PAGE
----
Recast Leia – I KNOW. I get it. No one is ever going to be Leia except Carrie Fisher, but in the situation they’re in, the closest parallel is with the Harry Potter films and the death of Richard Harris. Writing out Dumbledore was absolutely not an option (though they were much earlier in their story at the time of his death), so Michael Gambon was brought on to replace him and there’s an awful lot of beard to hide that character behind so it wasn’t tremendously jarring. Recasting Leia can’t help but be whiplash after having Carrie Fisher in Episodes IV – VIII, and then a new face for the finale will be, but I don’t see another option.
I can’t imagine anyone who would want to take on having to strike a balance between emulating Fisher and delivering her own performance, but that will be Lucasfilm’s burden to find and cast perfectly as they have for every role since the Disney Star Wars era began.
It’s surprising how few parallels there are to draw between the situation Lucasfilm now faces and past film history, but it’s something that I think is bound to become an increasing coda to the tragedy of losing a beloved actor. It’s one thing to face the situation that Ridley Scott did during the filming of Gladiator with the death of Oliver Reed, or figuring out how to finish a few scenes and close out a character with rewrites as The Fast and the Furious group had to do when Paul Walker was killed in an automobile accident during the filming of the series’ seventh installment. It’s another thing entirely to lose a key cast member in the midst of an ongoing saga. But, in the age of franchises, when Marvel is signing cast members to 10-film deals, and other franchises try to secure their casts by locking them down in multi-picture deals, it’s only a matter of time before this happens again. God forbid, if Robert Downey Jr. were to pass tomorrow, Marvel would be faced with how to close out Tony Stark/Iron Man’s storyline without an equally iconic actor to finish what was started. How Lucasfilm handles the rest of Leia’s story may be the blueprint for whatever future tragedies may befall all franchises.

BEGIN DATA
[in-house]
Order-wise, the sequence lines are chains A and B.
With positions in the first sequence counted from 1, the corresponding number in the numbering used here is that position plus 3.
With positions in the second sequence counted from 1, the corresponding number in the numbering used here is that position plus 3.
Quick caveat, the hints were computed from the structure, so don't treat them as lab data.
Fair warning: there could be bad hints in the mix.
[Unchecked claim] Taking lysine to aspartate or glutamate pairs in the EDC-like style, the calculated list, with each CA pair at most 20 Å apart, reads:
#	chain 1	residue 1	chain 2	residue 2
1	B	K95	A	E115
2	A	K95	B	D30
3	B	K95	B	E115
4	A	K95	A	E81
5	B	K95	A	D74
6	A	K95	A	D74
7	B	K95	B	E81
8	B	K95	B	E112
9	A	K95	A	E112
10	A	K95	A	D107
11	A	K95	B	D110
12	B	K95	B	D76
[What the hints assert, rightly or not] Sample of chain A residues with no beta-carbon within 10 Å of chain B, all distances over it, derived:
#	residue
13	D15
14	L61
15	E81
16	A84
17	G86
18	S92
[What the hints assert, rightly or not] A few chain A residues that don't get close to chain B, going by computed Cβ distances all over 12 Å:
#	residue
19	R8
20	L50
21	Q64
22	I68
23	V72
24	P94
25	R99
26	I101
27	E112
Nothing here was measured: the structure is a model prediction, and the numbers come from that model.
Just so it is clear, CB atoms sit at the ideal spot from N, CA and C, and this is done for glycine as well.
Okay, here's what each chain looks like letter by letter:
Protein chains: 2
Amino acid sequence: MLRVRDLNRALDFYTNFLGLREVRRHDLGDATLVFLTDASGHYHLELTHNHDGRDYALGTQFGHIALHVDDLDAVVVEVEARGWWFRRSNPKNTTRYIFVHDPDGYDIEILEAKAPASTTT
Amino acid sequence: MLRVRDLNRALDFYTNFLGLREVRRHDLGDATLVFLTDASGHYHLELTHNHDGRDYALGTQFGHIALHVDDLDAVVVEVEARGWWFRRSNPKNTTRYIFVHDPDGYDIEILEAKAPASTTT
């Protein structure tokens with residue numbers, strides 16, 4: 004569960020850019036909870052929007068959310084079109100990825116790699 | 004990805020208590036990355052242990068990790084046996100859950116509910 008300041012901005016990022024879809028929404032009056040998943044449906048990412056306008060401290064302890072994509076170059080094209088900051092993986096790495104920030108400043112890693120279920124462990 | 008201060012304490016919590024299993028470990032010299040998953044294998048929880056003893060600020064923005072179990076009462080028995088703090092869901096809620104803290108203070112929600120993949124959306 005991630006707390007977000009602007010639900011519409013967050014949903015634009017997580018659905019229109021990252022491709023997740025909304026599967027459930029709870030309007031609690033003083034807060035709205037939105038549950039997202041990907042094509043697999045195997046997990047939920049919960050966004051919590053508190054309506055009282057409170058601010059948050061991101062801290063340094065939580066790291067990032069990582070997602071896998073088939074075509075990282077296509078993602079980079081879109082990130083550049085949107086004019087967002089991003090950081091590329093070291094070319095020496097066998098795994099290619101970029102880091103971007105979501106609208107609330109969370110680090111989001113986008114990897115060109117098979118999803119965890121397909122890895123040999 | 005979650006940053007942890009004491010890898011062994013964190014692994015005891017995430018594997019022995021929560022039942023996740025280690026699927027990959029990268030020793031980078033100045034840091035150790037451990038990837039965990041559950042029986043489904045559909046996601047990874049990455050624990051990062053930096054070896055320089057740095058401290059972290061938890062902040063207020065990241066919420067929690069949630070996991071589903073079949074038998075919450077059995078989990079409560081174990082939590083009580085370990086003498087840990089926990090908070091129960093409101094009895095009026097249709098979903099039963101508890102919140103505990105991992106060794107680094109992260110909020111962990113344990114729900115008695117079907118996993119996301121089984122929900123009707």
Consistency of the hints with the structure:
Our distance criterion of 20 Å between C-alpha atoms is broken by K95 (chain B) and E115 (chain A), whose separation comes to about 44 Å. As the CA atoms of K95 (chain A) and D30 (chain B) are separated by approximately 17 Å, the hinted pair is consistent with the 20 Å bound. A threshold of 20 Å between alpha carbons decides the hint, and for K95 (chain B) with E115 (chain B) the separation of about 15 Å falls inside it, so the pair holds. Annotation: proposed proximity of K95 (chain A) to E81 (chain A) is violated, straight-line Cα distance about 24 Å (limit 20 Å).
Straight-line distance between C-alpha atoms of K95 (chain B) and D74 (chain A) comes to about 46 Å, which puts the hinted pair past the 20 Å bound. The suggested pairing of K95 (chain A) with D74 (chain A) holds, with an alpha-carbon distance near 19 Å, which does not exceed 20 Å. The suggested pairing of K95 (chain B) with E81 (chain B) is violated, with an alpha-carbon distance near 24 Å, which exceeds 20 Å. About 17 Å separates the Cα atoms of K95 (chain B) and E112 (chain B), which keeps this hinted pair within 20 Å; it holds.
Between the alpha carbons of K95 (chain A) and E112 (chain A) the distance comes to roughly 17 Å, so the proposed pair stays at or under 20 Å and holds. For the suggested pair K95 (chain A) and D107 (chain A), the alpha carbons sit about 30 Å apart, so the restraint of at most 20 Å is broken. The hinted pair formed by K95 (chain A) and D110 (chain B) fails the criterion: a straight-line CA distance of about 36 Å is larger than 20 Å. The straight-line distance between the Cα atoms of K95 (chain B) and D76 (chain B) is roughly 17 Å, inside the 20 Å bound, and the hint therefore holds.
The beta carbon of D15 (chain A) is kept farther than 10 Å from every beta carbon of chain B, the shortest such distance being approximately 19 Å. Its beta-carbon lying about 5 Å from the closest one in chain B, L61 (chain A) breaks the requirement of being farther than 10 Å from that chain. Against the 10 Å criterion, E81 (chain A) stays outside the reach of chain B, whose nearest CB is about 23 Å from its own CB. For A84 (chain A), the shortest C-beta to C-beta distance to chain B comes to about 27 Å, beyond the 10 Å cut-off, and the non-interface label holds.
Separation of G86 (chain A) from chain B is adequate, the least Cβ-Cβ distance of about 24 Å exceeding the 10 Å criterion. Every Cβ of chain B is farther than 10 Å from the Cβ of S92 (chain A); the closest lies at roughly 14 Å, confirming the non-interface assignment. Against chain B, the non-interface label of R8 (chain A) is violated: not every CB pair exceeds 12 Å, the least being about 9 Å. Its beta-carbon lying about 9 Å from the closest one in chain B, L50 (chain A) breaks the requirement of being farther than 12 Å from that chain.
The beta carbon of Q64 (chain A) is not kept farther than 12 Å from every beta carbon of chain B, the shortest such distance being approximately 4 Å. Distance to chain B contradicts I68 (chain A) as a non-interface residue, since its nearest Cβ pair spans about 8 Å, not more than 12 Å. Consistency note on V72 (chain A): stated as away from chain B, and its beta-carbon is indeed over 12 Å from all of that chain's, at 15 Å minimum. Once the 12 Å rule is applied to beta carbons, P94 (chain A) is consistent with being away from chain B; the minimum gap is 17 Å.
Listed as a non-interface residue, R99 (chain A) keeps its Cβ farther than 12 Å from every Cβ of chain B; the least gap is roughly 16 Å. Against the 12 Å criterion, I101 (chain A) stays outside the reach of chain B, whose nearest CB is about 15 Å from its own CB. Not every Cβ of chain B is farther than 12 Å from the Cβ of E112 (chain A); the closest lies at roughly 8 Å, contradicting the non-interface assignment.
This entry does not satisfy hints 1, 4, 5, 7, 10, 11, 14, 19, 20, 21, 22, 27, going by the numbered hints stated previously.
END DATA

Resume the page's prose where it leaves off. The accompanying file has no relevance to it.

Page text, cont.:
This information comes from an article from The Hollywood Reporter, the crux of which I’ve included below:
THR notes that two key scenes involving Fisher’s character were planned for the remaining two episodes, including a reunion with her brother, Mark Hamill’s Luke Skywalker, and a confrontation with her son, Adam Driver’s Kylo Ren. The outlet is unsure about which of the two films these scenes will take place in, but they do report Leia was supposed to have an even bigger role in Episode IX than in Episode VIII, which itself was said to be bigger than her role in 2015’s Star Wars: The Force Awakens.